You’re probably thinking he must be crazy. My thought was “How cool!” While one of those used to be on my bucket list, my maturity has allowed me to understand that my knees, back, and neck are in no condition to tolerate that experience. Rather, my “how cool” thought comes from how much I enjoy learning about other surgeons’ fitness, mindfulness, or recharge activities. Miguel has been able to create longevity in his career by maintaining and expanding his skills inside and outside of the operating room.

Peer Mentoring

So how does this apply to peer mentoring?

Peer mentoring involves helping your peers be more aware. After talking with Miguel just once at length, he responded in an email:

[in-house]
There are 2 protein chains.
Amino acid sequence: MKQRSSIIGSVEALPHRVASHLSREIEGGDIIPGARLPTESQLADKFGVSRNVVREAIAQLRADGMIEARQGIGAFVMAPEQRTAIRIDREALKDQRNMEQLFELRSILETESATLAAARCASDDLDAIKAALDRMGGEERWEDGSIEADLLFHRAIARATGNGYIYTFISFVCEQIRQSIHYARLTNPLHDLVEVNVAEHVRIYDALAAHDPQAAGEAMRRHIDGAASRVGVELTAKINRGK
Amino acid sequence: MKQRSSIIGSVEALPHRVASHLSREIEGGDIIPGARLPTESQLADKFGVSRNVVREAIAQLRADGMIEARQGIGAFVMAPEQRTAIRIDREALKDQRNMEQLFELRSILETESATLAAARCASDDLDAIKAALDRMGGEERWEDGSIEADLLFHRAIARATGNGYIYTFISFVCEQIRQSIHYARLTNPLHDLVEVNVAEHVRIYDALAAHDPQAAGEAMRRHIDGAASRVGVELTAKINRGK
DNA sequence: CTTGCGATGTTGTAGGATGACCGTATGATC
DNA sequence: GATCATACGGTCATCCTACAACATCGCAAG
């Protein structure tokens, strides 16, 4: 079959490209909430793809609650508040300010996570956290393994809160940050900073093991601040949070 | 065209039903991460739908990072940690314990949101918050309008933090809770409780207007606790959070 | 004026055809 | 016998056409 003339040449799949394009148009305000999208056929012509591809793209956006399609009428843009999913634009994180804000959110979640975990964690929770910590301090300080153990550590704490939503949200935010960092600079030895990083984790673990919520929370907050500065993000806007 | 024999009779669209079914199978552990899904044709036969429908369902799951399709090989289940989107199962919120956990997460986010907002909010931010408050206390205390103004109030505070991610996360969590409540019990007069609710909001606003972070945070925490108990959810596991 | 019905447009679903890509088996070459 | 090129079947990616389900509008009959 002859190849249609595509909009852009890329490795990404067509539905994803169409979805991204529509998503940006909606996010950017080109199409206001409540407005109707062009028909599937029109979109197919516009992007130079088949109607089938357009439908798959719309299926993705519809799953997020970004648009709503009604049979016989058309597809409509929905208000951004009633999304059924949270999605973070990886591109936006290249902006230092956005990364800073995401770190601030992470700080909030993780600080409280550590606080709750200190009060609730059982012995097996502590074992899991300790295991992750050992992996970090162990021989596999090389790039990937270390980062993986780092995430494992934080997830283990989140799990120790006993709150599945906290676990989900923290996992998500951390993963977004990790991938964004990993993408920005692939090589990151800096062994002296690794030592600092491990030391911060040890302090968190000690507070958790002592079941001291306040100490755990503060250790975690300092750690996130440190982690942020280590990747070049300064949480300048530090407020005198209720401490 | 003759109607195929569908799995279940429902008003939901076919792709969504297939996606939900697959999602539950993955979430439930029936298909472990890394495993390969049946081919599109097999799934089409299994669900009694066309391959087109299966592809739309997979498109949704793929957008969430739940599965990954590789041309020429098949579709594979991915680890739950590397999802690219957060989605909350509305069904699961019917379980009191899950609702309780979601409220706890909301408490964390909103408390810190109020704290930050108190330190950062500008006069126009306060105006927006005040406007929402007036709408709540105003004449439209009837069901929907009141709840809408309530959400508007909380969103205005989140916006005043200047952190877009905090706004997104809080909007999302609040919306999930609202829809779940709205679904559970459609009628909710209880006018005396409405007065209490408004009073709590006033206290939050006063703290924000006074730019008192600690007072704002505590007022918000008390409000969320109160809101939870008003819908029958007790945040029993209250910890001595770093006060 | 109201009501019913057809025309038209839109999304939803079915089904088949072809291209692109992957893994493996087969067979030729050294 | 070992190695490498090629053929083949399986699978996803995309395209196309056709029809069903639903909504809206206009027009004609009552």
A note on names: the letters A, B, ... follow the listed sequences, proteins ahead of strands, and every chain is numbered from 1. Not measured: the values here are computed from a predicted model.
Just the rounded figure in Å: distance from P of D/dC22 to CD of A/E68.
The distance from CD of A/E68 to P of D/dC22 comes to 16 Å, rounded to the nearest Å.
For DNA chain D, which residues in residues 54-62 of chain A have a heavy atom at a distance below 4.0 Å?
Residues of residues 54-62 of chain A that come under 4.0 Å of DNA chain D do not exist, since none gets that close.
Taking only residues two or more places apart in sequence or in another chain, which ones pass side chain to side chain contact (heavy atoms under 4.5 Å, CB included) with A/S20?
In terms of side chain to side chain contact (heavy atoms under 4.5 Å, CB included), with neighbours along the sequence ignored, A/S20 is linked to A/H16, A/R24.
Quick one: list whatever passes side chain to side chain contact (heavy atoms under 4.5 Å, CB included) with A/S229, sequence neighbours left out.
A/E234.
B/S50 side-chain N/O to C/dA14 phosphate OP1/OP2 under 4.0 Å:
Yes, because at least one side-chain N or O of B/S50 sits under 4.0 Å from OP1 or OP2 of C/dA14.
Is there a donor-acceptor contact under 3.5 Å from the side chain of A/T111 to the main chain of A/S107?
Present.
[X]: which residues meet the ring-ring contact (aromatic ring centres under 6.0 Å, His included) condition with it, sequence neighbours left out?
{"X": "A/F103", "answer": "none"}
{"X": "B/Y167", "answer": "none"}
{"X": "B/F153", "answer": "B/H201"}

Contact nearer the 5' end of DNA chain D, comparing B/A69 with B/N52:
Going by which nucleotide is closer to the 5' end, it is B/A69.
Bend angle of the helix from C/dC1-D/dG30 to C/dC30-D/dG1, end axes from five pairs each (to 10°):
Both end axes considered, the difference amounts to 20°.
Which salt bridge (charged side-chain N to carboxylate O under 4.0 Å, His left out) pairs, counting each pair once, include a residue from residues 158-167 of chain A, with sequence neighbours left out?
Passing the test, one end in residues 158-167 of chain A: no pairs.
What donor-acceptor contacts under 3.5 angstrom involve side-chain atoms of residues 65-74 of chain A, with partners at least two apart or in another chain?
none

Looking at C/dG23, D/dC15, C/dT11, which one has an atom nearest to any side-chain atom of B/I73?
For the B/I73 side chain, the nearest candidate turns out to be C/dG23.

“I have to thank you for your encouragement and your website. If your goal is to change surgeons’ lives, man I tell you,.. you are doing it!!”

Peer mentoring is not one-sided. Miguel is also mentoring me. His knowledge in areas that require hours and hours of training, significant planning, teamwork, checklists, and where the consequence of shortcuts can be catastrophic, is extremely valuable to me. It raises my awareness both inside and outside of the operating room.


SurgeonMasters creates peer-mentoring opportunities through Meetups, Webinars, Web-Conferences and more. Contact us to see what opportunities best fit your time, energy and budget. SurgeonMasters is a continuing medical education company focused on delivering medical education, strategies and techniques overlooked or underemphasized in traditional medical training that improve practice performance, surgeon wellness and ultimately, patient outcomes.